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Re: Another Milestone Achieved: Run Linux Apps on a Chromebook
Posted by: Jack M. Germain 2018-10-26 07:52:48
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Linux apps now can run in a Chromebook's Chrome OS environment. However, the process can be tricky, and it depends on your hardware's design and Google's whims. It is somewhat similar to running Android apps on your Chromebook, but the Linux connection is far less forgiving. If it works in your Chromebook's flavor, though, the computer becomes much more useful with more flexible options. Still, running Linux apps on a Chromebook will not replace the Chrome OS. The apps run in an isolated virtual machine without a Linux desktop.


Re: Another Milestone Achieved: Run Linux Apps on a Chromebook
Posted by: braymundo 2018-11-15 10:07:46 In reply to: Jack M. Germain
Are you sure the C302CA will not run Linux apps? According to the linked resource below, its processor is based on the Skylake architecture, not BayTrail:

http://dev.chromium.org/chromium-os/developer-information-for-chrome-os-devices

Re: Another Milestone Achieved: Run Linux Apps on a Chromebook
Posted by: jackmgerm 2018-11-15 17:23:37 In reply to: braymundo
Sadly, I am sure that my Asus C302CA does not run Linux Apps. The "Linux Beta" entry does NOT appear in the files window. I have done this process several times hoping that whatever didn't work would mysteriously just disappear so I could use Linux apps on the Asus C303CA. But it does not work.

Apparently, Google has not flipped the secret switch that enables Linux Beta to be compatible with this make and model.

I have read reports on numerous technical support forums that the C302CA, the C302C, and the C302 are not all the same machines. Each seems to have different processor compatibility issues. I have also been told that sometimes the same model numbers have different processors depending on their build dates.

Give it a try on your particular machine. You won't break it if it is not compatible. It just won't work if it is the same as my unit. Good luck.

Re: Another Milestone Achieved: Run Linux Apps on a Chromebook
Posted by: braymundo 2018-11-16 07:56:17 In reply to: jackmgerm
Interesting. Thank you for the additional details! I'll give it a try and report back!

Re: Another Milestone Achieved: Run Linux Apps on a Chromebook
Posted by: DennyL 2018-10-27 15:58:10 In reply to: Jack M. Germain
Very nice write-up Jack, good info. and explanations.

I did notice a couple of nits though and just wanted to make you aware, it's not easy to proofread your own stuff, I know.

> Some older Chromebooks running Linux 4.14 will be retrofitted with Crostini support.

I think that should read '3.14' not '4.14' according to Google's documentation notes.

> If your Chromebook is not already set with Linux enabled, first, switch it to developer mode and then enable the Crostini flag.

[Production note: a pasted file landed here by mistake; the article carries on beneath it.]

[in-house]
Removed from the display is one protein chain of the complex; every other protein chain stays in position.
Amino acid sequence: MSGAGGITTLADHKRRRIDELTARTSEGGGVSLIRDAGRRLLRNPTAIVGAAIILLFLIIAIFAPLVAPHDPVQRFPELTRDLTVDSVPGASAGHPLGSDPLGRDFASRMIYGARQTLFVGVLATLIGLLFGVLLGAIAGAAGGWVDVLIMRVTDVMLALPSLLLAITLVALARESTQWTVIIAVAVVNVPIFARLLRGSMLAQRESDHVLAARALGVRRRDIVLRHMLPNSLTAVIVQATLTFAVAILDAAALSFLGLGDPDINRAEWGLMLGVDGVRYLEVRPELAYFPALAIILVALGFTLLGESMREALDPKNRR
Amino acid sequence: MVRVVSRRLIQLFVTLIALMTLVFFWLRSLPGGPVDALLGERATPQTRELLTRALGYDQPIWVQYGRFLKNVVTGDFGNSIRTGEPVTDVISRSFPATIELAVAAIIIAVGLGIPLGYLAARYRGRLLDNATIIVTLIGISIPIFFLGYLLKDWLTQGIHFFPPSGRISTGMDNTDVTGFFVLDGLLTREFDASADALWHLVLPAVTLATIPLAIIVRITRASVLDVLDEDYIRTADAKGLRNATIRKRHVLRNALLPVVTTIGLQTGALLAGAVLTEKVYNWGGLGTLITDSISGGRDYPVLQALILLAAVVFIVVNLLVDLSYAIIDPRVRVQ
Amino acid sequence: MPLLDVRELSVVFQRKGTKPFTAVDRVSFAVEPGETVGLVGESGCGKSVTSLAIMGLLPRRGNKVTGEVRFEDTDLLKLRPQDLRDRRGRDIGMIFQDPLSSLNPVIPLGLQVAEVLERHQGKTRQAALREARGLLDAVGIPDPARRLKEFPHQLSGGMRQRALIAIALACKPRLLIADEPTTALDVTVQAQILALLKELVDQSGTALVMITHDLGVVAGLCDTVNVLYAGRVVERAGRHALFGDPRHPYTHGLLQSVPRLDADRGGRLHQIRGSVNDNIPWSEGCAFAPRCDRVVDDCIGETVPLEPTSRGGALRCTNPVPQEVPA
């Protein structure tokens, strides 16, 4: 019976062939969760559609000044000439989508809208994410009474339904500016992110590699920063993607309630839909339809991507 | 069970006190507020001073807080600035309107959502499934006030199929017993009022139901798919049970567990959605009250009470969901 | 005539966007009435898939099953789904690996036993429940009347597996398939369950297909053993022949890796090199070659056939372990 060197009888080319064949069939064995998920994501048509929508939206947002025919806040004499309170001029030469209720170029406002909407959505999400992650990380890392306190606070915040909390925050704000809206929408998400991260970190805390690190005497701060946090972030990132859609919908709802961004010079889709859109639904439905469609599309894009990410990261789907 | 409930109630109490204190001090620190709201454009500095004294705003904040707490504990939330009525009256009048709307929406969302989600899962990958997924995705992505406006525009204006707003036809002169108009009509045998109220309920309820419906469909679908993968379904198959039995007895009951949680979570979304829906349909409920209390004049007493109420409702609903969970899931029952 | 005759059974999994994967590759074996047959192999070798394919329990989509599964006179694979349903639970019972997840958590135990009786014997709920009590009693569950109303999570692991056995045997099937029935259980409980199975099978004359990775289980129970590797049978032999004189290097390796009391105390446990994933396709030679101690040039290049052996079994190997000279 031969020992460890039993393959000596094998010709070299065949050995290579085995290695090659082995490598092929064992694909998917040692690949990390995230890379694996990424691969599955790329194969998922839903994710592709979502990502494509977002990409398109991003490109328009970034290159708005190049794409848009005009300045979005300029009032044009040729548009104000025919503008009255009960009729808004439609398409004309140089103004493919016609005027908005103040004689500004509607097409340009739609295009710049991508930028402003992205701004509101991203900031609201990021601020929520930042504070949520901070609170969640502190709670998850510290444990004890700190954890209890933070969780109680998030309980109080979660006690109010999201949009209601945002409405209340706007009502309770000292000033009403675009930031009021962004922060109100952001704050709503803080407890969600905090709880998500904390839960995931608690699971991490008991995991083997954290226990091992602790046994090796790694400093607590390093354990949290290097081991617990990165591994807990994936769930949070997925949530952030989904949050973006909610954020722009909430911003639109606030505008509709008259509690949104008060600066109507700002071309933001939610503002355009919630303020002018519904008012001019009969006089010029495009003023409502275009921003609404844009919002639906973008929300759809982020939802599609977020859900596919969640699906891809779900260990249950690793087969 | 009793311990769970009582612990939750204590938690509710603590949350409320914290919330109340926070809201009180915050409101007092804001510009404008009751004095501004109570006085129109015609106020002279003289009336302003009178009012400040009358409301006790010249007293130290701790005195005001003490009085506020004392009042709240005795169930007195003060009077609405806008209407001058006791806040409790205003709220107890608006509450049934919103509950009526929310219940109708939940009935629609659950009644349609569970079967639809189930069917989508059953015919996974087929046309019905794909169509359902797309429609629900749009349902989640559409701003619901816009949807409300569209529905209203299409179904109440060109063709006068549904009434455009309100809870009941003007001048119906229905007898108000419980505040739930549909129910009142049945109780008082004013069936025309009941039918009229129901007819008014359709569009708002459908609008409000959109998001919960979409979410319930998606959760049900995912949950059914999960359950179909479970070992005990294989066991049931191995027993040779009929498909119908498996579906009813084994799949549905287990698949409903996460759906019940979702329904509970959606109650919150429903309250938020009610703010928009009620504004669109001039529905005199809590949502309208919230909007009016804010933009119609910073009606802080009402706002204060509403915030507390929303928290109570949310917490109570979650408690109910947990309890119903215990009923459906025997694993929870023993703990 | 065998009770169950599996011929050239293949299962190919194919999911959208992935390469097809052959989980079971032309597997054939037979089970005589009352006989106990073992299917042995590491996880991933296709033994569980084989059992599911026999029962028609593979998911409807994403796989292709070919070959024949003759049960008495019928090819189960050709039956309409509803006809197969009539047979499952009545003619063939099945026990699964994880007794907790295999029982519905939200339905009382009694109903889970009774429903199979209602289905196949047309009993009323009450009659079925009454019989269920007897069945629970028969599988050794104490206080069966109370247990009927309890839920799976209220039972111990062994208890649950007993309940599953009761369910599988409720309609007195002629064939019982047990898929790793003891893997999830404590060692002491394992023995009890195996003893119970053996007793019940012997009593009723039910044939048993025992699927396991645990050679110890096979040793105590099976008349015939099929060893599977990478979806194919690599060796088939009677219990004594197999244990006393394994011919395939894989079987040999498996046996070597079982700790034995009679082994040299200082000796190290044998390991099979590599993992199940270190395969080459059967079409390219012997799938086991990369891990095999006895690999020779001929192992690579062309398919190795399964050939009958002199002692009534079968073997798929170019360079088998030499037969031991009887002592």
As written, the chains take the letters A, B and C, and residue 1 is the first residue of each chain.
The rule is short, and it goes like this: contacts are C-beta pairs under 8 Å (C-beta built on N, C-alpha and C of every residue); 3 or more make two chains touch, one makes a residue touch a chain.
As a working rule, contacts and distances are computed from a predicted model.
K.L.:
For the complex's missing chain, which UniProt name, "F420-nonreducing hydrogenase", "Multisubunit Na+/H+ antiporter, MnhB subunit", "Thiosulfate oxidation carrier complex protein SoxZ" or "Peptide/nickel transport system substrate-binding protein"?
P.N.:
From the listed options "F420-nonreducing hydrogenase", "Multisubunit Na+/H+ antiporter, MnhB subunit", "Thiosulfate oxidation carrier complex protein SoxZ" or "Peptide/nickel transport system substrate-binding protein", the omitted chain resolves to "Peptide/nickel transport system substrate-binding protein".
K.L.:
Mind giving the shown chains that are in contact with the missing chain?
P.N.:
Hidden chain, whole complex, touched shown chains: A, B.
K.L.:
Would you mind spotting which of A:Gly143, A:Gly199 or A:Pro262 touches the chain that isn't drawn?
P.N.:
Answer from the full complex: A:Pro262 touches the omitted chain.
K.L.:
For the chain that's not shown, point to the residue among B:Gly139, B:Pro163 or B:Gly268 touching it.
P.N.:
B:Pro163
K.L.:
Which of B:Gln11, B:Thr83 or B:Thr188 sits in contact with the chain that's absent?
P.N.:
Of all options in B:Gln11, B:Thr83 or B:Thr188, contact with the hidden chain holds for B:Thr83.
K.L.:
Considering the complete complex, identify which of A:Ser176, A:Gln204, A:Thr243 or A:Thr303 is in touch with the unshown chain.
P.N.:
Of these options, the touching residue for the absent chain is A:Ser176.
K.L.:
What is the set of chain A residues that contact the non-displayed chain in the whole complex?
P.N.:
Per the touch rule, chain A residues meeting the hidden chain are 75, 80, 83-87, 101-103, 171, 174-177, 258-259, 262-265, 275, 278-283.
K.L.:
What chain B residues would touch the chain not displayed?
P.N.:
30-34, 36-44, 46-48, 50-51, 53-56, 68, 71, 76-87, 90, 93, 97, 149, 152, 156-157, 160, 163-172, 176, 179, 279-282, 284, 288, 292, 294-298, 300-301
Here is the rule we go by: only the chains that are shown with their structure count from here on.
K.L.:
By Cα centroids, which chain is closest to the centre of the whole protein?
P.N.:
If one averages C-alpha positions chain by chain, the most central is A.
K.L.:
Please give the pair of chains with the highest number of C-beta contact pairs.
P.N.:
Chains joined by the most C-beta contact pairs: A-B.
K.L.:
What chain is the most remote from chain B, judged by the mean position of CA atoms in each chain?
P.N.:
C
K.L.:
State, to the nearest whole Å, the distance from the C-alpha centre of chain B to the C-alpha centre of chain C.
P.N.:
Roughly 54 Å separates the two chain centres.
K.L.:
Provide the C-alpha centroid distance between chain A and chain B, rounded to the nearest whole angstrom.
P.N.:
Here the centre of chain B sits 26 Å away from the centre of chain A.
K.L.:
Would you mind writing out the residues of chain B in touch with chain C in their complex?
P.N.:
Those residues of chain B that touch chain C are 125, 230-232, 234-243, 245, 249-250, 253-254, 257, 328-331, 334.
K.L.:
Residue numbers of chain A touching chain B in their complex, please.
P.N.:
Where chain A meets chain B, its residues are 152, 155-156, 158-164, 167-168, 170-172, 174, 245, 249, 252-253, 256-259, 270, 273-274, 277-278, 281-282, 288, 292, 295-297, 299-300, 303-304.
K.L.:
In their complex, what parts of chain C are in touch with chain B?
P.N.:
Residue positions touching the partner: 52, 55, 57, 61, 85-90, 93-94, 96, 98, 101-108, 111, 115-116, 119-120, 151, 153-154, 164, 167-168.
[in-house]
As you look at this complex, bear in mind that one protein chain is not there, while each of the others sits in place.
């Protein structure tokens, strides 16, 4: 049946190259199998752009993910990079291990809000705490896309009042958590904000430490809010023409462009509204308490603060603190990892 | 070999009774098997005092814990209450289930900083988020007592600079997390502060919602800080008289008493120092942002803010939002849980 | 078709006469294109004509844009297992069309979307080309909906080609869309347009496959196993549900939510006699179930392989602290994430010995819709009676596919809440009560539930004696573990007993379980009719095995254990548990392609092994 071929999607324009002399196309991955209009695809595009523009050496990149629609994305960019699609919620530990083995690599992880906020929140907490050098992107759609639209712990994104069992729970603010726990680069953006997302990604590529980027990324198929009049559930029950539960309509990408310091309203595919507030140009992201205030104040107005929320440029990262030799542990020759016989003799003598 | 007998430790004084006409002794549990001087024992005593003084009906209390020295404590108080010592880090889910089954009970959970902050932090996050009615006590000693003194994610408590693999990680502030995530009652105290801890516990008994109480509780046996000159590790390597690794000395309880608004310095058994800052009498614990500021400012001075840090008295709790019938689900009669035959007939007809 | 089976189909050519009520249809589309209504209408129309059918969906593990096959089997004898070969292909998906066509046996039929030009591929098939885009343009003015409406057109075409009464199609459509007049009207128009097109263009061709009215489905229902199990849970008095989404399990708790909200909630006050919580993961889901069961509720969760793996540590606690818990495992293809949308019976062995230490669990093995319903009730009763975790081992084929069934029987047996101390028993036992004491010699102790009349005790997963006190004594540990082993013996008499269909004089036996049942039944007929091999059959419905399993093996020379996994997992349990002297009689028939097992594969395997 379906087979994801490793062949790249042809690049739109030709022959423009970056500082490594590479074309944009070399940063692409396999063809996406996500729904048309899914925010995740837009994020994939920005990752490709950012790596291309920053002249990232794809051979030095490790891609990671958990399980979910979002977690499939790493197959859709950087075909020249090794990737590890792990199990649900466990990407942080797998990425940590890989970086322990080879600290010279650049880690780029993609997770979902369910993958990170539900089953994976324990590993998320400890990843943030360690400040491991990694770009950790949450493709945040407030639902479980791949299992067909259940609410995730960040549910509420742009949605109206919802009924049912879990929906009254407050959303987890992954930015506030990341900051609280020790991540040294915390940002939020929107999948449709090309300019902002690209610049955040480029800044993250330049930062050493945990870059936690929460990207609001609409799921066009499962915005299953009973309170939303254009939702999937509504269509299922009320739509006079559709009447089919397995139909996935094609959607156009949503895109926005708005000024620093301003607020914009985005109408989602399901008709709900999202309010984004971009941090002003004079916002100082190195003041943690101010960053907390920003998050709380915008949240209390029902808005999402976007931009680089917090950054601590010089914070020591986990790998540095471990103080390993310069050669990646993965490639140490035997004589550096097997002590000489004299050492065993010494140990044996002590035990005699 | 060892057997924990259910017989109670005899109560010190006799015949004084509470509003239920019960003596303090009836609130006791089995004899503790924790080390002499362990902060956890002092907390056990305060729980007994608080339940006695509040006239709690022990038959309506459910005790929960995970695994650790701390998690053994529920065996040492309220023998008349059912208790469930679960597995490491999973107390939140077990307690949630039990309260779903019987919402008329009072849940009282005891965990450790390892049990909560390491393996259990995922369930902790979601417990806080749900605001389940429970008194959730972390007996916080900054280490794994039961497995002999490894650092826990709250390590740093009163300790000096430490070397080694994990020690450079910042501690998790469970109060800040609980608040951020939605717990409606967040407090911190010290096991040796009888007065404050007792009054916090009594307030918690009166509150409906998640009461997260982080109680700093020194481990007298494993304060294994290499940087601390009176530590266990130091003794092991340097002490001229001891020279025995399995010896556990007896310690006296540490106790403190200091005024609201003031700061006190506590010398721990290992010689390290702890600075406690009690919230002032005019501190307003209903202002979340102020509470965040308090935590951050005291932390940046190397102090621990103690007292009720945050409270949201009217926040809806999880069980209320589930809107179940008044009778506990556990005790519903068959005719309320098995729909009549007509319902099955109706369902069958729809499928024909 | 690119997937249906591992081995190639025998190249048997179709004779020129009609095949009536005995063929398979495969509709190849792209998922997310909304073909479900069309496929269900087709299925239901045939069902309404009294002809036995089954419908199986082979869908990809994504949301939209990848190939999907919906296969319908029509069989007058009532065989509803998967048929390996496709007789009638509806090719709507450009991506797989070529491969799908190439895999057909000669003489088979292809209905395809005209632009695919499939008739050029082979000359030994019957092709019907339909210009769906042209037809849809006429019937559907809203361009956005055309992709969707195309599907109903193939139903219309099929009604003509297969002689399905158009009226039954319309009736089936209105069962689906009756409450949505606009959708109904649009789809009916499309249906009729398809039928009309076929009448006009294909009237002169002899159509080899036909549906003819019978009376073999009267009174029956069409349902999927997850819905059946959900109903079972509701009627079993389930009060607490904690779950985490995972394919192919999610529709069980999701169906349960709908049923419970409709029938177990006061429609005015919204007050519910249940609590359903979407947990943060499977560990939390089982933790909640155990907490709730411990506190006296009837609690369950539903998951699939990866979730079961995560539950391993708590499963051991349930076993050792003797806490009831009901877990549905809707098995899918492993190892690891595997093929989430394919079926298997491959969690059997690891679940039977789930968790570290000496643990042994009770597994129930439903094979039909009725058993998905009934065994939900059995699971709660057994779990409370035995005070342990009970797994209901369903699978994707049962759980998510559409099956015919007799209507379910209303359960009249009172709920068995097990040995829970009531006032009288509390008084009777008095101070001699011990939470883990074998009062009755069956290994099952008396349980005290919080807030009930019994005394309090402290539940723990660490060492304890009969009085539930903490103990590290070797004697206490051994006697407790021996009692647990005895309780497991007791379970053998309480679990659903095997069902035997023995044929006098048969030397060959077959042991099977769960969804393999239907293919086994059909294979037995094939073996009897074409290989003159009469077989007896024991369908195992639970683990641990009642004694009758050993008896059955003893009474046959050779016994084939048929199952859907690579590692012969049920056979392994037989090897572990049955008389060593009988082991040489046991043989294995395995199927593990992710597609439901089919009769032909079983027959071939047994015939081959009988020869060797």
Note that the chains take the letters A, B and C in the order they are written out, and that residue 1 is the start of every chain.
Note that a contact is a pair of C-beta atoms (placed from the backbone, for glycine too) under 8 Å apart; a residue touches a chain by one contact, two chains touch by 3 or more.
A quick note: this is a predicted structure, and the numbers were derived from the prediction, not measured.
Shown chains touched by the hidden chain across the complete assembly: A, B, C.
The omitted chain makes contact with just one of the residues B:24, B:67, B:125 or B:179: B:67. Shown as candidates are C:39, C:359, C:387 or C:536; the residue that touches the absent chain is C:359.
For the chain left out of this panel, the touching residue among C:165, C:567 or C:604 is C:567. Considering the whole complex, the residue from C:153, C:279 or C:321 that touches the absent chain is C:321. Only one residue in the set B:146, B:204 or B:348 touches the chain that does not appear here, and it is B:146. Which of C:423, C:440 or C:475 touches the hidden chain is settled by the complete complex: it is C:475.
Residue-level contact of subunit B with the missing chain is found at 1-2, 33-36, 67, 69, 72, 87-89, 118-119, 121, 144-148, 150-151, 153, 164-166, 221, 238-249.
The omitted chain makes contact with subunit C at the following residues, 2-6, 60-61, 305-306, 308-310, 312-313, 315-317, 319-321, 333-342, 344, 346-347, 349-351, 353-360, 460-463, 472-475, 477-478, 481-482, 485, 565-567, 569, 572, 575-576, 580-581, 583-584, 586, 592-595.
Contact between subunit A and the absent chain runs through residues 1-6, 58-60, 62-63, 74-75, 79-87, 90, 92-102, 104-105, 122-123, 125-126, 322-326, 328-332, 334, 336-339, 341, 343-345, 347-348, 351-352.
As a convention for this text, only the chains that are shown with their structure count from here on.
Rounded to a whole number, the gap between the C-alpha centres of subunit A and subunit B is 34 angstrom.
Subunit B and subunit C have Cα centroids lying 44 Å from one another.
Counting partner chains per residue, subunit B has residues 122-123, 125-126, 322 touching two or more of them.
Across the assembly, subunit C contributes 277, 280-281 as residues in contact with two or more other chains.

I think that should read 'developer channel' not 'developer mode', that's a whole other thing that's no longer required for Crostini.

> sudo APT update and sudo APT upgrade

Since Linux is case sensitive I believe APT should be lowercase and read: sudo apt update and sudo apt upgrade

Thanx again for a great article.

~Denny

Re: Another Milestone Achieved: Run Linux Apps on a Chromebook
Posted by: THX-1138 2018-10-27 14:26:28 In reply to: Jack M. Germain
I think some things need clarification in this article.

I think it needs to be clear that Chrome OS is Linux. It runs a Linux kernel, so running Linux software has been possible for a long time for competent users. Chrome OS has a shell called 'crosh' with a few Linux tools, to get the most from it, the computer needs to be put into 'developer mode'. But that does compromise the security model that the creators of the platform would like to keep users in. From 'crosh' in developer mode a full Linux 'shell' can be launched, using Chromebrew, extra Linux packages can be installed.

Crouton also runs in 'developer mode', but it is NOT an OS! Crouton is a 'chroot' environment which allows a Debian (or Ubuntu etc) filesystem to work with the existing Chrome OS Linux kernel.

But when Google released Android support it was via a sandboxed container rather than the older method described. It made sense to allow Linux to also run in a similar way, it would give advanced users the Linux apps they wanted and not have to use Crouton and compromise the security model. It's also a bit ironic that Google wasn't able to eat it's own dog food, relying on 3rd party distros for in-house development.

I'd also note to anyone wanting to get the most from a Chromebook in terms of Linux and Android apps, to get one with 64GB storage, a MicroSD slot and a touchscreen, preferably with the flip or hybrid tablet form factor. I did that and I've got everything I'd run on Linux and more, plus big 1GB Android games etc and I still have almost 40GB free, everything else is on a 128GB MicroSD or my Pi server.
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